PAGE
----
It was in 2011 that Putin finally made the decision to move from the prime minister’s chair to the president’s chair in order to personally control the situation in the country. The main goal was personal safety and the elimination of the slightest risk of a “color revolution” in Russia. It was in 2012 that the authorities in Russia began to suppress all popular unrest and protests in the most brutal manner. And it continues to this day. At the same time, the slogans of the speeches do not matter – rallies with economic, environmental or political demands are dispersed equally brutally with the use of special means and physical force. Protest activists are arrested, fined, sentenced to long terms of imprisonment and even forced to serve in the army. To suppress popular uprisings in 2016, Rosgvardia troops were created on the basis of the Internal Troops of the Ministry of Internal Affairs, which received the broadest powers to suppress mass protests – up to the use of firearms. The brutal suppression of protests in July 2019 in Moscow is also the result of the infernal fear of the “color revolutions” that the Russian leadership has, as popular unrest, according to Russian intelligence services and Putin’s conviction, also creates a pretext for foreign intervention.

The evolution of Russia’s military-political strategy

In the early 2000s, Russia’s foreign policy strategist viewed terrorism and its derivative, Muslim extremism, as the main threat. But after a series of “color revolutions” (Yugoslavia, Georgia, Ukraine, Armenia, Kyrgyzstan), which are viewed by the Russian leadership exclusively as a product of Western influence, a new doctrine has been formulated – the emphasis is on countering the West.

A new era began in 2007, when the full-scale construction of the Russian armed forces and the modernization of weapons, military and special equipment (AME) resumed. The war with Georgia in 2008 and the sluggish reaction of the West to this event created an illusion of impunity among the top leadership of Russia, including the military. Putin became convinced that the West is weak and incapable of a consolidated and effective response to Russian aggression.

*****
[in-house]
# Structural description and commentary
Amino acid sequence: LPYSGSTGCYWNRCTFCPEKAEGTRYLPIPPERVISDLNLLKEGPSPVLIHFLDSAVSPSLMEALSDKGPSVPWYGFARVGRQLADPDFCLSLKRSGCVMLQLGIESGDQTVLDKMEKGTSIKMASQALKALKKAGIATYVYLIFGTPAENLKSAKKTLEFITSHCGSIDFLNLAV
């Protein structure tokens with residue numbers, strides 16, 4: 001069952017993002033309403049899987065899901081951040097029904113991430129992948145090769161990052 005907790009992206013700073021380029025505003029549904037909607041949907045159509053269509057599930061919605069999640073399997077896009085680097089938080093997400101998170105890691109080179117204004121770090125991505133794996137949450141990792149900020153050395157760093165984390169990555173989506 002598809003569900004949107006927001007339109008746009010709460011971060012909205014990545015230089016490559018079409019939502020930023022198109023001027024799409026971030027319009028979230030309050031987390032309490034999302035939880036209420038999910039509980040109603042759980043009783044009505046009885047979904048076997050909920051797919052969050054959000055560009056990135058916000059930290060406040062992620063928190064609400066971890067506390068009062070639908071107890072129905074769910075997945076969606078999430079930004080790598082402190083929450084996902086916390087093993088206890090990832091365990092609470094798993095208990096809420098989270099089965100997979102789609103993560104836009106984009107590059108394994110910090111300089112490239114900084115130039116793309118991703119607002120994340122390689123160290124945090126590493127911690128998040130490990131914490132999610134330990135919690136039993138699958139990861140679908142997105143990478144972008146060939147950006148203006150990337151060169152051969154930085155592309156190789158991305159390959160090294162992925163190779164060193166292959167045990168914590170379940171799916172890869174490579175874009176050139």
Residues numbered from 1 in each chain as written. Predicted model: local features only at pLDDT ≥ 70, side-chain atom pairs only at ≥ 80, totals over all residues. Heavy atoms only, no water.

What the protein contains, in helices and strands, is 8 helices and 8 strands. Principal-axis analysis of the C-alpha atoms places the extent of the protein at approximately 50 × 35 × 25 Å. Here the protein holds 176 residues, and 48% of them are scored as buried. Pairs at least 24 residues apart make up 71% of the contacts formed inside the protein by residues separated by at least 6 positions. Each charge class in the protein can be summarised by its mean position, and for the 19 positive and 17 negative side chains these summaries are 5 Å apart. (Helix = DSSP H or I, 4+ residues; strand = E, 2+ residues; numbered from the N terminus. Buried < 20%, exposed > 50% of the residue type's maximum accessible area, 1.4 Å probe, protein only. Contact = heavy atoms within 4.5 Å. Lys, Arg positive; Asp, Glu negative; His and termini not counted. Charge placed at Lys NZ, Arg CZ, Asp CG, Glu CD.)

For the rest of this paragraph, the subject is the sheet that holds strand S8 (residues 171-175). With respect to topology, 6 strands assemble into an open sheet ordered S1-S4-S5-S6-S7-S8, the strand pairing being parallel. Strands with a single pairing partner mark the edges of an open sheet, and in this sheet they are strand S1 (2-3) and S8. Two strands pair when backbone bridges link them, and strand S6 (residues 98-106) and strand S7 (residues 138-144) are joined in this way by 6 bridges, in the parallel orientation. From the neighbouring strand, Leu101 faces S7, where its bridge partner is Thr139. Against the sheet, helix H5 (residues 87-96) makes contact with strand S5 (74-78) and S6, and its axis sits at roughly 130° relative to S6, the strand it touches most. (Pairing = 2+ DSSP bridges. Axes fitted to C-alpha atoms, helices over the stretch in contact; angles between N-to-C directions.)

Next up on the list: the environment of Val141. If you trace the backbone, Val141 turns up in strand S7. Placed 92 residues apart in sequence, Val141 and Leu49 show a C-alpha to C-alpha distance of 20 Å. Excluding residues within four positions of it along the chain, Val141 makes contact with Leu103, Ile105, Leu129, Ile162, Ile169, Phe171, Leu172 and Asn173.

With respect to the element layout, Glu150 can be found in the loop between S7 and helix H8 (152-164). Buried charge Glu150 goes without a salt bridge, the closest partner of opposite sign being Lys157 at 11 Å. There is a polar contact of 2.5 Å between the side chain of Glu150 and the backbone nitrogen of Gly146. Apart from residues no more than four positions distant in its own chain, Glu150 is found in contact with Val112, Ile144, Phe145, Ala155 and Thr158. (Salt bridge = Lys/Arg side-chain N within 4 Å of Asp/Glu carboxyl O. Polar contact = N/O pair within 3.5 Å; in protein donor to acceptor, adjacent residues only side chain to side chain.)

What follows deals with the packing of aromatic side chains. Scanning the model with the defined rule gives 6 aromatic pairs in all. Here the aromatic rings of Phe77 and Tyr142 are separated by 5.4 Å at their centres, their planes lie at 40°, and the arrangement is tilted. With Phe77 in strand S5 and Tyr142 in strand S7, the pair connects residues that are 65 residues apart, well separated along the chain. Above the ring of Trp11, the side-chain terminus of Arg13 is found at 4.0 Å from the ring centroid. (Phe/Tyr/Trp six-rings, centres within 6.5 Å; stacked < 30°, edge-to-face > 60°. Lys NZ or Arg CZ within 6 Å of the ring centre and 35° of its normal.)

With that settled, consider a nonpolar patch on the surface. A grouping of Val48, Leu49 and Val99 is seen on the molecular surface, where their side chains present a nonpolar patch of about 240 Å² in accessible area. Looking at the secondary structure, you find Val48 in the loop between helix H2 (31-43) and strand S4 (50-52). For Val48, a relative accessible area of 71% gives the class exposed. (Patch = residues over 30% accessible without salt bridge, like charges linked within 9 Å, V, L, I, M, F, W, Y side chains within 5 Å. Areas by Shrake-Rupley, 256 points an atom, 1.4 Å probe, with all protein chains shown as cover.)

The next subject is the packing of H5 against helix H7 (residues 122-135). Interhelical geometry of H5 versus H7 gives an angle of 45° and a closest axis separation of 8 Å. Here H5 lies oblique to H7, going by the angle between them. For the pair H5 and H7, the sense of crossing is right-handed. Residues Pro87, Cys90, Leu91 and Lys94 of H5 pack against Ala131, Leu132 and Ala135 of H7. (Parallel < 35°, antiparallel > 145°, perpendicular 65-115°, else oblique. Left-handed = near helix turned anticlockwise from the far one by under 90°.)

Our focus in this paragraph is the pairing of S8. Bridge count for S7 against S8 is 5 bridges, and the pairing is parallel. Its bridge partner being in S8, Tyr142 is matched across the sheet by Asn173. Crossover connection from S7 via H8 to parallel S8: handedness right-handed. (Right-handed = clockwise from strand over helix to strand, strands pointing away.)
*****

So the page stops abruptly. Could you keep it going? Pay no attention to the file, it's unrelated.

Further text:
In 2010, a new Russian military doctrine was adopted. The document names the vulnerability of the country’s information security as one of the main threats. According to the authors of the doctrine, threats can come from the external information space and from within Russia, from its own territory. The fight against “color revolutions” and conditions that can contribute to mass riots and protests has become the main vector of confrontation with the West and a course to defeat the internal opposition.

Another update of Russia’s military doctrine took place in 2014. The document, also known as the “Gerasimov Doctrine” (named after the Chief of the General Staff of the Russian Armed Forces), formulated a new “package of threats”, including military, political, economic and informational. The emphasis is on the use of “non-military instruments” by the West against Russia. They mean the intervention of the United States and European countries in the internal affairs of Russia, including through the organization of mass protests by the population and the conduct of special operations that destabilize the internal political situation in the country. Russian political groups, activists and social movements, funded and controlled from abroad, were classified as “unreliable” and were brought under increased control. Back in 2012, a law was adopted on NPO (non-profit organizations) – foreign agents. In 2017, the law on mass media – foreign agents was adopted. In 2019, the law on individuals – foreign agents was adopted. The fight against the threat of a “color revolution” in Russia also resulted in the law limiting the share of foreign owners in Russian media (2014); Yarovaya’s law on tougher punishments for extremism on the Internet (2016); the law on “sovereign Internet” providing for the isolation of the Runet from the global network (2019). The apotheosis of the fight against the threat of the “color revolution” was the “Penza case”, when in 2015, under the leadership of FSB officers in different regions of Russia, a fictional underground organization “Network” was created to prepare terrorist acts. The members of the organization, who were tortured, were sentenced in February 2020 by a Penza city court to imprisonment for terms ranging from 6 to 18 years.